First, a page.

For a corporation receiving a grand jury subpoena, the most difficult (and expensive) part of a U.S. Department of Justice (DOJ) inquiry is often sifting through corporate data to find relevant material. That is proving to be increasingly burdensome to prosecutors as well—not just because it costs DOJ time and resources to review extensive data productions, but also because it can be a minefield for prosecutors trying to navigate disclosure requirements. A recent article from Bloomberg Law indicates DOJ is reconsidering how much electronic evidence it will collect going forward. This could bring relief to companies involved in federal inquiries, but could also mean DOJ will lean even more on companies to build its cases.

According to Bloomberg Law, DOJ is retooling its internal messaging and training to encourage “smart collection” efforts in the era of mounting corporate data, where requesting or seizing extensive electronic evidence comes with risks and potentially unmanageable review and compliance requirements. Whether and how DOJ will implement a policy of collecting less with a more targeted scope remains to be seen, but the very fact of the discussion indicates that some level of change is likely forthcoming.

Such a shift could mean that DOJ evidentiary demands will become more tailored from the outset, or at least more negotiable. It is already typical for defense counsel to negotiate more limited terms from the initial requests or demands. A shift in DOJ policy could alter the dynamics of those negotiations, with more substantive discussions about what the government knows and needs much earlier in the matter. This could be to the company’s benefit, saving time and money, and allowing for more control and practical solutions. But it could also mean the company becomes more of a handmaiden of the prosecutors. In some circumstances, one can imagine prosecutors spelling out the charges they seek to prove and demanding the company find any evidence that bears on those charges. Responding to such a demand would put a company and its counsel in a challenging position.

The challenge would be greater still if the company receiving the subpoena was a target of investigation, rather than a mere witness. A shift to more focused collections could dovetail with the most recent iteration of the DOJ’s “Yates Memo,” which reinstated the requirement that for cooperation credit companies must provide DOJ with all non-privileged information relevant to all individuals involved in the corporate misconduct. If prosecutors construe the targeted collection and cooperation credit policies together, they could seek to shift an even heavier burden of data collection, sorting, searching and production to companies and their counsel than is already the case.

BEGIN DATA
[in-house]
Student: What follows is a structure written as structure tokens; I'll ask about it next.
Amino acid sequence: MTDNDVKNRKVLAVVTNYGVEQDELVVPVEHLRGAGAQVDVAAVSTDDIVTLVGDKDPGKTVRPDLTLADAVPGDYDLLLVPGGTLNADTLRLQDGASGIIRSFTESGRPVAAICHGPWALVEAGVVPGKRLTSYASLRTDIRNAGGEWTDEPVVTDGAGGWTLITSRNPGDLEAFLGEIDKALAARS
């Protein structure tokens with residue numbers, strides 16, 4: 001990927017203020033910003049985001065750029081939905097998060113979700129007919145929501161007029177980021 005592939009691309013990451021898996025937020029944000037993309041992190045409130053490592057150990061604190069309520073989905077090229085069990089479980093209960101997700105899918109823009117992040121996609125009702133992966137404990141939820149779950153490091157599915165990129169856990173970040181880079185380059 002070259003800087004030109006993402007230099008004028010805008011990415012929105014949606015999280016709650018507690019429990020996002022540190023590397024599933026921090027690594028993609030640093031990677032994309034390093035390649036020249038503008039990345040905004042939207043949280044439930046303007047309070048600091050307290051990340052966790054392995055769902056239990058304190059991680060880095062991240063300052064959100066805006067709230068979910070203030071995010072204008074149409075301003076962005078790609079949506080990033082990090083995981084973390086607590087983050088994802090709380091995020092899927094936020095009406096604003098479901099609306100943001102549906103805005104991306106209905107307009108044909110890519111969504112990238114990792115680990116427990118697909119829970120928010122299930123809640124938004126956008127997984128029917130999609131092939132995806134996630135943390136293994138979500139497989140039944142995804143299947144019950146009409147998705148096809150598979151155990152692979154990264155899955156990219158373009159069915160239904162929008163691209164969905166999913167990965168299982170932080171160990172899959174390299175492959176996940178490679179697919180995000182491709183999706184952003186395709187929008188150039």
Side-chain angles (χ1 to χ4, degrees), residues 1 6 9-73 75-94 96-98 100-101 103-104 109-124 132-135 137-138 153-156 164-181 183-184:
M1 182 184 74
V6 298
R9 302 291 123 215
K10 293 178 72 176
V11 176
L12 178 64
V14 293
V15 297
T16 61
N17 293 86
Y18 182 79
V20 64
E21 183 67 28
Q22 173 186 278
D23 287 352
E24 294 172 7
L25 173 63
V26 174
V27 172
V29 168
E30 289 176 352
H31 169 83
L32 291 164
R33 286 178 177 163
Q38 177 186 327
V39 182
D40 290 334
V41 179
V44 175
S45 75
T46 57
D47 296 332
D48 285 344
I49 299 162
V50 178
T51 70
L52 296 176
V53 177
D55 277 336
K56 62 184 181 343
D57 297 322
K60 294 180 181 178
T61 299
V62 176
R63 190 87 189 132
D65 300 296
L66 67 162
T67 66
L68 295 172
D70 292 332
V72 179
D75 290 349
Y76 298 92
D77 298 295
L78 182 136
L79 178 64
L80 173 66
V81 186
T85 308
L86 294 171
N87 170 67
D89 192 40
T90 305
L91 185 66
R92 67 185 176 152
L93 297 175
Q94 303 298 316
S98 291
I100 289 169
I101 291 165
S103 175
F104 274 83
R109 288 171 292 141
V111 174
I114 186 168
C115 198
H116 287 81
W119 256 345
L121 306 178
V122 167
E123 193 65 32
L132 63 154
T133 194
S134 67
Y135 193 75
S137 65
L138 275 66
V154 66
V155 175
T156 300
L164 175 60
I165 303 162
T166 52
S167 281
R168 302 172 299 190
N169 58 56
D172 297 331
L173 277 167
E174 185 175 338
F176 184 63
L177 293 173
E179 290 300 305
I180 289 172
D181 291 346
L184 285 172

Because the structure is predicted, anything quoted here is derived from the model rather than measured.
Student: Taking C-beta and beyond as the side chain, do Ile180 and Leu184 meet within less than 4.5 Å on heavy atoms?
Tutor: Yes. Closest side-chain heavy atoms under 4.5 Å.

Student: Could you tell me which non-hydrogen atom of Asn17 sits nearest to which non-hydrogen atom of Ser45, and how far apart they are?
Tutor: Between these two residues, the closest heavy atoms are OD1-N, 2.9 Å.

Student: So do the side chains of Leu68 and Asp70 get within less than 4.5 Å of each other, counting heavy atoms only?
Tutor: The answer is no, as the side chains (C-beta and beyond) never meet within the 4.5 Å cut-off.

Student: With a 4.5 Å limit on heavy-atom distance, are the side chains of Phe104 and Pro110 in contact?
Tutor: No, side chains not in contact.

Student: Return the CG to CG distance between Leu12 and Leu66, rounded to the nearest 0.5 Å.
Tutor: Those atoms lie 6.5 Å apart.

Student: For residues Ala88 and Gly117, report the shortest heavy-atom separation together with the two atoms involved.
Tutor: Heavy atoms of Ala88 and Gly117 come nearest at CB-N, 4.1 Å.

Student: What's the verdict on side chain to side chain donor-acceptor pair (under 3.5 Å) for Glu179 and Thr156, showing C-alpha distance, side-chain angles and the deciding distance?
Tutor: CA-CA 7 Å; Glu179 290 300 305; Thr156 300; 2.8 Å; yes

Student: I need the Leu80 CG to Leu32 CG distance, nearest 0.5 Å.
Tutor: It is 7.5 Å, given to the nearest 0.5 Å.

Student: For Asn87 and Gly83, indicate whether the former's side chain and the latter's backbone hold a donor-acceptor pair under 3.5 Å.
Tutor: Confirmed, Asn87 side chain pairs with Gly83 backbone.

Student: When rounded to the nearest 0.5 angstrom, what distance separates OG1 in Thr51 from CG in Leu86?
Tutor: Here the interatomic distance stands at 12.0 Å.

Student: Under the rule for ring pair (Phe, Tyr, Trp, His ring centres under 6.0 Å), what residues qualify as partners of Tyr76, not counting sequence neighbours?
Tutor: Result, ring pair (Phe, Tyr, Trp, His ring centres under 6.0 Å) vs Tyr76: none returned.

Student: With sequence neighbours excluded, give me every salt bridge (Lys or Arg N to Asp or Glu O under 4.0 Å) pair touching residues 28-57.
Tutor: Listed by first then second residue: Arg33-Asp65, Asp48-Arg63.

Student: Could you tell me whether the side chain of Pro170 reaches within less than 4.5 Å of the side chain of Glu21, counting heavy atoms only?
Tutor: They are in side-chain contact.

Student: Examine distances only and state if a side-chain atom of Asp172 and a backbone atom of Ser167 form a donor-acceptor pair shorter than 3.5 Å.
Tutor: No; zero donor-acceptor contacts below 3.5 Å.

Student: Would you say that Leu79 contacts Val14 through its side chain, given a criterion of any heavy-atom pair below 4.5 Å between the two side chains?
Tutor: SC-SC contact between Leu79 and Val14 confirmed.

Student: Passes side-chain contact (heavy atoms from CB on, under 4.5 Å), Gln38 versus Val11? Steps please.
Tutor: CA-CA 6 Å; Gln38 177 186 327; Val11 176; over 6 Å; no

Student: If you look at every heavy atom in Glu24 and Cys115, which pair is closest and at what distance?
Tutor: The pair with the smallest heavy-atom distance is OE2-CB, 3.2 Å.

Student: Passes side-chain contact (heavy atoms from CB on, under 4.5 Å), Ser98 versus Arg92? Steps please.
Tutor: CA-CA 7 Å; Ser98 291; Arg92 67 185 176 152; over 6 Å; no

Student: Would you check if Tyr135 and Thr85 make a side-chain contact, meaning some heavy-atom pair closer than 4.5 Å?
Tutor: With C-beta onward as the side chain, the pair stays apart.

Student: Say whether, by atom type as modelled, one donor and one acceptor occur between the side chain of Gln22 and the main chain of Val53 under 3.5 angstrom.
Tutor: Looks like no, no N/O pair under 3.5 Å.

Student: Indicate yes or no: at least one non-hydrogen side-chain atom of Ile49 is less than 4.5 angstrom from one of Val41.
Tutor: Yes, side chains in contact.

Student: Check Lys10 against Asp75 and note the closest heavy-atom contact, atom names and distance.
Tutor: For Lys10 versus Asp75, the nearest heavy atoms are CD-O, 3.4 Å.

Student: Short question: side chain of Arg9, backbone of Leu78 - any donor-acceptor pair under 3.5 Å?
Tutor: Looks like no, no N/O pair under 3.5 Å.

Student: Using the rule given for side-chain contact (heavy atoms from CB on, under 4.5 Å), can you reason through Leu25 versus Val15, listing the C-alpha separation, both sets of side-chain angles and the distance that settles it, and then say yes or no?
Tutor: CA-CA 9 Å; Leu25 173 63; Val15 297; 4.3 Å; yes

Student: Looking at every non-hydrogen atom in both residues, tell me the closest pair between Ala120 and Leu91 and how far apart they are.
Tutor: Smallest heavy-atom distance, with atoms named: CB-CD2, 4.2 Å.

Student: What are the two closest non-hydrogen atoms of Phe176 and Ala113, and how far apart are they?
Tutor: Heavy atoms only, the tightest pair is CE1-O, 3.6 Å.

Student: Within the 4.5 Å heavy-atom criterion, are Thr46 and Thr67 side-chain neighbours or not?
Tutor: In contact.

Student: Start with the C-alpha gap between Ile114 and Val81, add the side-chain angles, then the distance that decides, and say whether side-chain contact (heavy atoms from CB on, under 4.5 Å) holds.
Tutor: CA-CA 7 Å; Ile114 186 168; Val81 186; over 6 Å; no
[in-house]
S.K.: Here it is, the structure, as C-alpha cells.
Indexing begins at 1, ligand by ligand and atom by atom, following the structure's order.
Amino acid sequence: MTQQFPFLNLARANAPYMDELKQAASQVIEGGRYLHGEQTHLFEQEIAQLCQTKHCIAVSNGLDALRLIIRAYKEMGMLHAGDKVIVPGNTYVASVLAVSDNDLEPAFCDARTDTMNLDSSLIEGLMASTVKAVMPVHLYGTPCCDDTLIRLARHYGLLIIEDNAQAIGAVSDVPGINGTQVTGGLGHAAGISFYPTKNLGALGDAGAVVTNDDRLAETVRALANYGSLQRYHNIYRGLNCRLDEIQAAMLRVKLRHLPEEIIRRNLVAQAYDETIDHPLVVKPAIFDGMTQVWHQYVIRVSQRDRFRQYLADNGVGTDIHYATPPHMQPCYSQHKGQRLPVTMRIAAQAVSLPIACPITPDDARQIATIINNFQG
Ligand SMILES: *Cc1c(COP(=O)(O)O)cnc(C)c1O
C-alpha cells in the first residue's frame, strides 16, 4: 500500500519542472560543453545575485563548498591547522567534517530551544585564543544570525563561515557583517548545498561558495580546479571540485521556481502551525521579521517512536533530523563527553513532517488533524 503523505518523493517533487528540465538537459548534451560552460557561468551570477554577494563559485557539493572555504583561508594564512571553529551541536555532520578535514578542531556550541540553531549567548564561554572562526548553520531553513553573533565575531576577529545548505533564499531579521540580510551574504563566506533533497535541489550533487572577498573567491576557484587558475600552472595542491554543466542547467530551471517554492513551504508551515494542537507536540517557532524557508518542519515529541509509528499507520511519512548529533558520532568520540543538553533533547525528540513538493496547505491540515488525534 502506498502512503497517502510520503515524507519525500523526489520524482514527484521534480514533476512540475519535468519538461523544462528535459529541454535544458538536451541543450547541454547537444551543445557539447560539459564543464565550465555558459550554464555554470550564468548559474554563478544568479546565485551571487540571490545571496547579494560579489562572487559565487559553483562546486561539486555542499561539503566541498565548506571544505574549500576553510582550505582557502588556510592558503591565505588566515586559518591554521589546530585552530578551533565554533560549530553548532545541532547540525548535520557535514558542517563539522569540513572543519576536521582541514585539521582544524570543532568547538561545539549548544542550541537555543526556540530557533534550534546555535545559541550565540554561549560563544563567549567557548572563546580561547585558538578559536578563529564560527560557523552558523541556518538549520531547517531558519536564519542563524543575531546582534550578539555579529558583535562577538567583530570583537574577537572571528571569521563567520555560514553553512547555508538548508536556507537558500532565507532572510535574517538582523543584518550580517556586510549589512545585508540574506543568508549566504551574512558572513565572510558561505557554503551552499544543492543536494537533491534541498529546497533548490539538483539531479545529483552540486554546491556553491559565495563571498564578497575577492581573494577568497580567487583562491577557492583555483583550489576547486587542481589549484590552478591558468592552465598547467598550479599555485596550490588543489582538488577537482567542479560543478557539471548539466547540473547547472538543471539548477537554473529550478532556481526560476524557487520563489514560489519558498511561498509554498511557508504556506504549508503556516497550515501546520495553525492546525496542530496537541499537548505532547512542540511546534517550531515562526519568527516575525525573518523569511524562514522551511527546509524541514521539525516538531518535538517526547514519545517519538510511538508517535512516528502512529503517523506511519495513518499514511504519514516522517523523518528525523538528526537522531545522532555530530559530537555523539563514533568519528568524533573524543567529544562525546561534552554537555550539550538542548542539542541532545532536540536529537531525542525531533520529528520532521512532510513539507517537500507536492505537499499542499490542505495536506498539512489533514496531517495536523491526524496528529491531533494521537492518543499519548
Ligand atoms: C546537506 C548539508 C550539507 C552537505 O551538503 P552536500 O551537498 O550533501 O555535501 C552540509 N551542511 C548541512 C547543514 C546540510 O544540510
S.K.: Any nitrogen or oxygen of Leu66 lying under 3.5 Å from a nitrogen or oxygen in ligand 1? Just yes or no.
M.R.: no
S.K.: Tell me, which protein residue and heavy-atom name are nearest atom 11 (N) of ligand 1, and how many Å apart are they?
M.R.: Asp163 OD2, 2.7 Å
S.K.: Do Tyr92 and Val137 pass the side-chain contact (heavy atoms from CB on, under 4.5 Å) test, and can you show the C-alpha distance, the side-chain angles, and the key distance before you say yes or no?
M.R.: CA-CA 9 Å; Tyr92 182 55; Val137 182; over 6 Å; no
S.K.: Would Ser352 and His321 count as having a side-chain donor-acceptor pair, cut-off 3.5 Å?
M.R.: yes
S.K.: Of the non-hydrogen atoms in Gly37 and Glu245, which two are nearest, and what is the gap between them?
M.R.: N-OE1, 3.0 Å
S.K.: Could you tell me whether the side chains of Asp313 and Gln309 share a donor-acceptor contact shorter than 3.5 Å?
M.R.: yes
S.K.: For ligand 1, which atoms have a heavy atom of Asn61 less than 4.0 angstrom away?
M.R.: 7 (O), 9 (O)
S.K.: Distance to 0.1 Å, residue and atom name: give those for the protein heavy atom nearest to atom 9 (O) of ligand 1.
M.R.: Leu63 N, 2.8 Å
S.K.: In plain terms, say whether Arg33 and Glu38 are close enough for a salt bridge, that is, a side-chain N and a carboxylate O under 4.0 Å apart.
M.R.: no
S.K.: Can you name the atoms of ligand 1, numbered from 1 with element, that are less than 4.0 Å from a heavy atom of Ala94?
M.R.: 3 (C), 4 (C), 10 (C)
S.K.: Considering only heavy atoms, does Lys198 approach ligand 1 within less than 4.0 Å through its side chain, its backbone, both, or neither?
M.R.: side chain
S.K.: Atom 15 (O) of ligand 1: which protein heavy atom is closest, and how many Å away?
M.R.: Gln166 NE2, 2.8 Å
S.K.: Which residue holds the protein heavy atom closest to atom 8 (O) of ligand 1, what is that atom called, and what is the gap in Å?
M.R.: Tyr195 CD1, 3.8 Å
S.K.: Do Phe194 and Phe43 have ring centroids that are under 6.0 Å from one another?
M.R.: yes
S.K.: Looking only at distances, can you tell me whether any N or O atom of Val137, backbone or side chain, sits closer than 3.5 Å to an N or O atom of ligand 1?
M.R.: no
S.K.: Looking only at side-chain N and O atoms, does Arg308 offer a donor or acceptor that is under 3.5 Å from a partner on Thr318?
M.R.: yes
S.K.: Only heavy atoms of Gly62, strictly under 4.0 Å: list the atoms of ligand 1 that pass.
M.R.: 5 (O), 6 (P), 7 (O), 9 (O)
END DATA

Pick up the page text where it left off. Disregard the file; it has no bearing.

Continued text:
For the time being, this is an important policy adjustment for defense counsel to monitor. The manner in which it is developed and implemented could have significant impacts—to the better or the worse—in a given investigation. It will be vital for counsel to engage with prosecutors early and to establish clear expectations from the outset as to what will be viewed as adequate cooperation in any targeted data production.

About McGuireWoods’ Government Investigations & White Collar Litigation Department
McGuireWoods’ Government Investigations & White Collar Litigation Department is a nationally recognized team of more than 80 attorneys representing Fortune 100 and other companies and individuals in civil and criminal investigations and enforcement matters at the federal and state level. The senior team consists of former federal officials, including a former deputy attorney general of the United States, former U.S. attorneys, more than a dozen federal prosecutors and an associate counsel to the president of the United States. Strategically centered in Washington, our Government Investigations & White Collar Litigation Department is recognized as an elite practice, most recently honored by Chambers USA with a highly regarded nationwide ranking for Corporate Crime & Investigations, honored twice as a White Collar Practice Group of the Year by Law360 and consistently ranked among the world’s leading investigations firms in the Global Investigations Review 100 guide to top cross-border investigations practices. The Legal 500 United States, a premier list of the country’s best law firms, also commended McGuireWoods for the “exceptional quality” of its powerhouse white collar litigation practice.